This vine can cover a sizable area over time for an interesting ground cover.  When it reaches something it can climb, it will use axillary tendrils, a modified stem that grows out and coils around objects to allow the vine to climb and not fall.  As a ground cover, it reaches a couple of feet in height and over time will cover an area of about ten feet in diameter.  As a vine, it can climb to a height of as much as twenty five feet.  Leaves have three lobes and are a lovely shade of dark but bright green.  They are an average of three to six inches across and provide for a lovely texture addition to your garden.
     The plant is herbaceous but perennial.  Thus it will disappear in the winter, but return and increase, beginning to send out new shoots, in the early spring.  By mid June, it will be covered with exotic flowers that appear to be a fringe of purple hair surrounding and under a very unusual and somewhat raised combination of pistil and stamens.  Under this fringe of hair are ten purple to light pink 'petals' that are actually sepals.  Flowers close overnight and open by early afternoon.  This flower is the reason for the name.  The pistil and stamens together are said to represent the crucifixion of Christ otherwise known as the Passion.  The ten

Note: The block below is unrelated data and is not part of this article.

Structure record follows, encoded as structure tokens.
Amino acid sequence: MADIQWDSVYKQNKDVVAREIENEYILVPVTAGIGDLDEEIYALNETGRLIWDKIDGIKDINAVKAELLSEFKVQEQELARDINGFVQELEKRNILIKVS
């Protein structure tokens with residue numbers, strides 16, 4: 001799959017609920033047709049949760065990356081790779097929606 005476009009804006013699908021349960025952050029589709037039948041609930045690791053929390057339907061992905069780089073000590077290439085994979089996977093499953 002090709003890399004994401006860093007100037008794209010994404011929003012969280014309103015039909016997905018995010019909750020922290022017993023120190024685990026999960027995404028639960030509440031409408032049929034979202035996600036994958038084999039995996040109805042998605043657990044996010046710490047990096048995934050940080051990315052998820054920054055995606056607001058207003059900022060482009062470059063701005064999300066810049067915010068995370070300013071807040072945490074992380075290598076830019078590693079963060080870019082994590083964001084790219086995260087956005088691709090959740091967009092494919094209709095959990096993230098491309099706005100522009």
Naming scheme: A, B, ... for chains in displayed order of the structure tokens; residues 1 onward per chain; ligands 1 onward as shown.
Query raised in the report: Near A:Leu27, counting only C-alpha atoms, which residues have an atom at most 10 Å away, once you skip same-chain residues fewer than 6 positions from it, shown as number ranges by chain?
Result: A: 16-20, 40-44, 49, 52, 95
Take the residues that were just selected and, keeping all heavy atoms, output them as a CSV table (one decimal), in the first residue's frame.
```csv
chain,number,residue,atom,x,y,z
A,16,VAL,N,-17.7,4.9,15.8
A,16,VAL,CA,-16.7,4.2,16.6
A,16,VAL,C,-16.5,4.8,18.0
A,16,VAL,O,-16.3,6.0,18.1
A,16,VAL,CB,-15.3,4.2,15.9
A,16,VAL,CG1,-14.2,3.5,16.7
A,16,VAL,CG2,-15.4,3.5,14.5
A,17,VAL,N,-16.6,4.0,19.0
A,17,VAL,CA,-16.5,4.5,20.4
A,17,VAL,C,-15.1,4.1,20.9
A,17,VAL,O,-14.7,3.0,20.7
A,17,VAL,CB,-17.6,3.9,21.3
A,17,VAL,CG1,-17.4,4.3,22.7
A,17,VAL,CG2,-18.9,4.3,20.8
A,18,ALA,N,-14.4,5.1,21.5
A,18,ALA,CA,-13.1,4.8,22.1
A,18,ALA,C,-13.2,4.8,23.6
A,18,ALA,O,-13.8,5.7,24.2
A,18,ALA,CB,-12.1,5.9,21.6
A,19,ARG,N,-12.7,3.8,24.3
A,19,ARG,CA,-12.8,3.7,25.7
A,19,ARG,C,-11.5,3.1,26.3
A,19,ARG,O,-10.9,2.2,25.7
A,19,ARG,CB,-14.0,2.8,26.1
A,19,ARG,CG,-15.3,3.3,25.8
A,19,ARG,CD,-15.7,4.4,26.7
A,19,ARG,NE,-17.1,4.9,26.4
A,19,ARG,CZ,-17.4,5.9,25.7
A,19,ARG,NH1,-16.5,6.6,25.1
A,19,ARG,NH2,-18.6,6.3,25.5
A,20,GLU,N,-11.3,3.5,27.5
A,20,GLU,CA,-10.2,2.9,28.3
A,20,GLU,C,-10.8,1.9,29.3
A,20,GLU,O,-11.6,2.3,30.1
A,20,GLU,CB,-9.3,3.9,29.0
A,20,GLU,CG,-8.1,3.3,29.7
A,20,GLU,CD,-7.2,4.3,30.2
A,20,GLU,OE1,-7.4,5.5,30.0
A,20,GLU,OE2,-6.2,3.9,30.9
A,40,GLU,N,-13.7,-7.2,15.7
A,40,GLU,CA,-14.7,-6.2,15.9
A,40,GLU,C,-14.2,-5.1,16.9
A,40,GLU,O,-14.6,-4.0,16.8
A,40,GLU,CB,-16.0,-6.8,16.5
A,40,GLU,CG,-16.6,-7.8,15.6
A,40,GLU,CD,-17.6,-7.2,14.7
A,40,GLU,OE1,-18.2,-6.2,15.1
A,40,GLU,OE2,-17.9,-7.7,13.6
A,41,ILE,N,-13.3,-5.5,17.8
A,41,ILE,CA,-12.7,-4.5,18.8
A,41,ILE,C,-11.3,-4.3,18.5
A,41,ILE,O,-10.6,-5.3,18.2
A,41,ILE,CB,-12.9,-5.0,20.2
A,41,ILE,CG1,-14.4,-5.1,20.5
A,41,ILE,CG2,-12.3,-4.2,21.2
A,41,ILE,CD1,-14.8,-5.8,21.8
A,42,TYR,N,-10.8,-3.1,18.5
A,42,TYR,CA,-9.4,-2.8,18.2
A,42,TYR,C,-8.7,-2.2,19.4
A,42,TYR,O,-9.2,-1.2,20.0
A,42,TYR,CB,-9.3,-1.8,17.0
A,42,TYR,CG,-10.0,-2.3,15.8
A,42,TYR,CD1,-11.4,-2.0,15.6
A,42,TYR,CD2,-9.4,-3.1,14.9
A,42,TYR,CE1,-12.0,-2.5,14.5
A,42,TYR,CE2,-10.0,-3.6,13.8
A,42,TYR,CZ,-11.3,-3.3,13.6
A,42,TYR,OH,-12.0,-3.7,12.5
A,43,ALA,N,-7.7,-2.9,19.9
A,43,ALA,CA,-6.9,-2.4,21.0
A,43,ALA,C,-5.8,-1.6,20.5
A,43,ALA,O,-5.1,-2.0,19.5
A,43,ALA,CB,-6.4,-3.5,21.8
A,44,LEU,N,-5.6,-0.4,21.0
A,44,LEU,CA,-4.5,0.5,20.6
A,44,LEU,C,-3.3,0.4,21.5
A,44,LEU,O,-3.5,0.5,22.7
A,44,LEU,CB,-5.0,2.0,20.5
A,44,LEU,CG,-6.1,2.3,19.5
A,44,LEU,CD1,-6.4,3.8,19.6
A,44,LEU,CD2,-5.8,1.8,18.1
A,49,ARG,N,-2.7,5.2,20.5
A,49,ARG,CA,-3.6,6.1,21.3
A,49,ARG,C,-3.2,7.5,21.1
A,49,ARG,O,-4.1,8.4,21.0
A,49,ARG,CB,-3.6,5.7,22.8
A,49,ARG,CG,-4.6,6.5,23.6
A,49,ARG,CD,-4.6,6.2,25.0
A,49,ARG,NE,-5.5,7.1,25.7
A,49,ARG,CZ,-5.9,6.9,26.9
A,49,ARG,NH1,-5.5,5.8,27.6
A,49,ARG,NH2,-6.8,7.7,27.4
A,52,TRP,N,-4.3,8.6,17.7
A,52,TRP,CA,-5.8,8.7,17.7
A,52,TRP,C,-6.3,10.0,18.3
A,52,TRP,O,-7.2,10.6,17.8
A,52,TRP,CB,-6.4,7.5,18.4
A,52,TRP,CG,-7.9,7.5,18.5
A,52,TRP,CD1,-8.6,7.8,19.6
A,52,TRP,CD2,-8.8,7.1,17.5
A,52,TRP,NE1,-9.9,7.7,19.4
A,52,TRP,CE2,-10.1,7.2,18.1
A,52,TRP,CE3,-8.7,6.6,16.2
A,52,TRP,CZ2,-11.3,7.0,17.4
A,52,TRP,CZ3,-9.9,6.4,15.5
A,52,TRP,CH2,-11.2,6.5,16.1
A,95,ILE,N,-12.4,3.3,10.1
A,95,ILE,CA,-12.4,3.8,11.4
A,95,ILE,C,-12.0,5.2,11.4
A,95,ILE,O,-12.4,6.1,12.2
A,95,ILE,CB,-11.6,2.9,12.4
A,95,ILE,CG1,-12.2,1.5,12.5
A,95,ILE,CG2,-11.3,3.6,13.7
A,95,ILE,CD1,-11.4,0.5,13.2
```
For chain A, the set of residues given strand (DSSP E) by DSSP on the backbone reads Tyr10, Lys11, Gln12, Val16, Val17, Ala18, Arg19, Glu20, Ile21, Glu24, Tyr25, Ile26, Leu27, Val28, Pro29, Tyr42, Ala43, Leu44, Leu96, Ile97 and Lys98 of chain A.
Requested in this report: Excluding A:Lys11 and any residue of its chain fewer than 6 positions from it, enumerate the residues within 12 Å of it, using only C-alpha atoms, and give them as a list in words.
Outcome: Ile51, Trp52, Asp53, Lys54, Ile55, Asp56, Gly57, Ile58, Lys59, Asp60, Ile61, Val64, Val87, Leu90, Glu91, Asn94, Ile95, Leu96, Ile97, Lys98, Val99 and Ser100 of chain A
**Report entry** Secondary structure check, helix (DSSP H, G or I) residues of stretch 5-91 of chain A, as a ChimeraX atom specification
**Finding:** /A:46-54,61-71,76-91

sepals are said to represent the ten disciples, excluding Peter and Judas.  The five stamens represent the five wounds placed into Christ's body, and the knob shaped stigmas are said to resemble the nails.  The fringe of 'hair' is seen as the crown of thorns.
     Flowers produce a three to five inch egg shaped, green fruit.  Over time this will become more yellow and the outer skin will become dry and paper-like.  Inside are groupings of seeds surrounded by globs of sweet, sticky flesh.  These gooey morsels are edible and were used by native Americans for food.  They also used the flowers, leaves and stems as infusions and teas; they found them useful for their medicinal properties.  Passion flower is believed to provide relief from anxiety and sleep disorders, especially when combined with valerian and lemon balm.  The name Maypop comes from the popping sound that the fruit make when it is ripe and squeezed in order to open it.